For example, Bohlmann says, some nationally influential physicians may prescribe an innovative drug. This might influence some regionally prominent physicians to follow suit. Soon you have a domino effect, with local physicians willing to prescribe the new drug.

The study, “The Effects of Market Network Heterogeneity on Innovation Diffusion: An Agent-Based Modeling Approach,” was co-authored by Bohlmann, Dr. Roger Calantone of Michigan State University and Dr. Meng Zhao of California State University, Dominguez Hills. The paper will be published in the September issue of the Journal of Product Innovation Management.


Note to editors: The study abstract follows.

“The Effects of Market Network Heterogeneity on Innovation Diffusion: An Agent-Based Modeling Approach”

Authors: Jonathan D. Bohlmann, North Carolina State University; Roger J. Calantone, Michigan State University; Meng Zhao, California State University, Dominguez Hills.

Published: September 2010, Journal of Product Innovation Management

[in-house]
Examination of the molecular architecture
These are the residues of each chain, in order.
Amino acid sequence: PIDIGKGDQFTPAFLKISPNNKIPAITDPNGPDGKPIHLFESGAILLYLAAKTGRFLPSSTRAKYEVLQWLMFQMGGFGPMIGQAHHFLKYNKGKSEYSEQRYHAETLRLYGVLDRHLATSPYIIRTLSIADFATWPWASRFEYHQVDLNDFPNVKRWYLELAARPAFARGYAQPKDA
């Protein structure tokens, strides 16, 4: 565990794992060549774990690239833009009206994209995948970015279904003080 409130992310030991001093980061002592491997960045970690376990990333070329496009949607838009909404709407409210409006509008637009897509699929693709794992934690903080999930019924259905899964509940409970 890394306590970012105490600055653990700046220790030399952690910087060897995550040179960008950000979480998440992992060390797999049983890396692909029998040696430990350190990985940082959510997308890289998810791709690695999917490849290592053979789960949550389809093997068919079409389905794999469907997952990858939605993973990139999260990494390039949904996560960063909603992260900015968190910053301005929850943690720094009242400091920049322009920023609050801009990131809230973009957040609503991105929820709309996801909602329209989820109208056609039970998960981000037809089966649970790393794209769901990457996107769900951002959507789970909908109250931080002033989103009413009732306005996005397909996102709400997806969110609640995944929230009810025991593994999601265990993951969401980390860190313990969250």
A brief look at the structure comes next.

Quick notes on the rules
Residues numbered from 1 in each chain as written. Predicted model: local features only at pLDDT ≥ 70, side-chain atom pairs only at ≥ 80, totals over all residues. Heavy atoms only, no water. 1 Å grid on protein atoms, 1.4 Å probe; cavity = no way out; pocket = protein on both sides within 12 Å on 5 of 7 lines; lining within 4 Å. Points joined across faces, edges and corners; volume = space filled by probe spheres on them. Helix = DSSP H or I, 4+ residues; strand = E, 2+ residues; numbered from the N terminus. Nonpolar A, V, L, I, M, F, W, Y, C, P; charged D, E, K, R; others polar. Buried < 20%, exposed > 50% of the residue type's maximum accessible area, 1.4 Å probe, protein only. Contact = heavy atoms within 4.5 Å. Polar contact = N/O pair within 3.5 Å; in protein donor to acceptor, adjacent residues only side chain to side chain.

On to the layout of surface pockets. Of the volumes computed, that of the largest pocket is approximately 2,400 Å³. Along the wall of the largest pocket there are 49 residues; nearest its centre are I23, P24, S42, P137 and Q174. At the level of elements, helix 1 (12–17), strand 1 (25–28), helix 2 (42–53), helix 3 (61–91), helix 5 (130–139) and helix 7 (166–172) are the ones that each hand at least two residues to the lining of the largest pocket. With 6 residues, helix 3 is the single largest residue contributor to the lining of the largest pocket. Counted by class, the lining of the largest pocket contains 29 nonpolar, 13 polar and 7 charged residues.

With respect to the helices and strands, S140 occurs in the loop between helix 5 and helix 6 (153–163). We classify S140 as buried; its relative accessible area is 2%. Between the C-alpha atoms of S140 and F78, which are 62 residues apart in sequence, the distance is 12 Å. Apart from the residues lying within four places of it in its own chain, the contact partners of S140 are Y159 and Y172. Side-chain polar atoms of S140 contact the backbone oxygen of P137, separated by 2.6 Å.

Abstract: Innovations usually have an initial impact on very few people. The period of learning or early evaluation precedes the diffusion of the technology into the wider addressed population. More than a transfer, this is best characterized as communication of benefits, costs, and compatibility with earlier technologies and a relative assessment of the new state of the art. Innovation development by an organization or individual creates not just a device, process or tacit knowledge, but concomitantly a capacity on the part of other organizations or persons to use, adopt, replicate, enhance or modify the technology, skills or knowledge for their own purposes. How innovations actually diffuse is to understand the communication of progress, and this framing helps one to design innovations and also design the marketing and testing programs to ready innovations for market and launch them efficiently. Diffusion theory’s main focus is on the flow of information within a social system, such as via mass media and word-of-mouth communications. This theory presents often in the form of mathematical models of innovation and imitation. Distinct from classical diffusion models, however, consumers are not all identical in how they connect to others within a market or how they respond to information. We examine the effects of various network structures and relational heterogeneity on innovation diffusion within market networks. Specifically, network topology (the structure of how individuals in the market are connected) and the strength of communication links between innovator and follower market segments (a form of relational heterogeneity) are studied. Several research questions concerning network heterogeneity are addressed with an agent-based modeling approach. We present our findings based on simulation results that show important effects of network structure on the diffusion process. The ability to speed diffusion varies significantly according to within- and cross-segment communications within a heterogeneous network structure. We discuss the implications of our approach for new product diffusion, and suggest future research directions that may add useful insights into the complex social networks inherent to diffusion. A simple summary is that discovery of significant prime communicator nodes in a network allows innovation development practices to be better calibrated to realistically multiple market segments.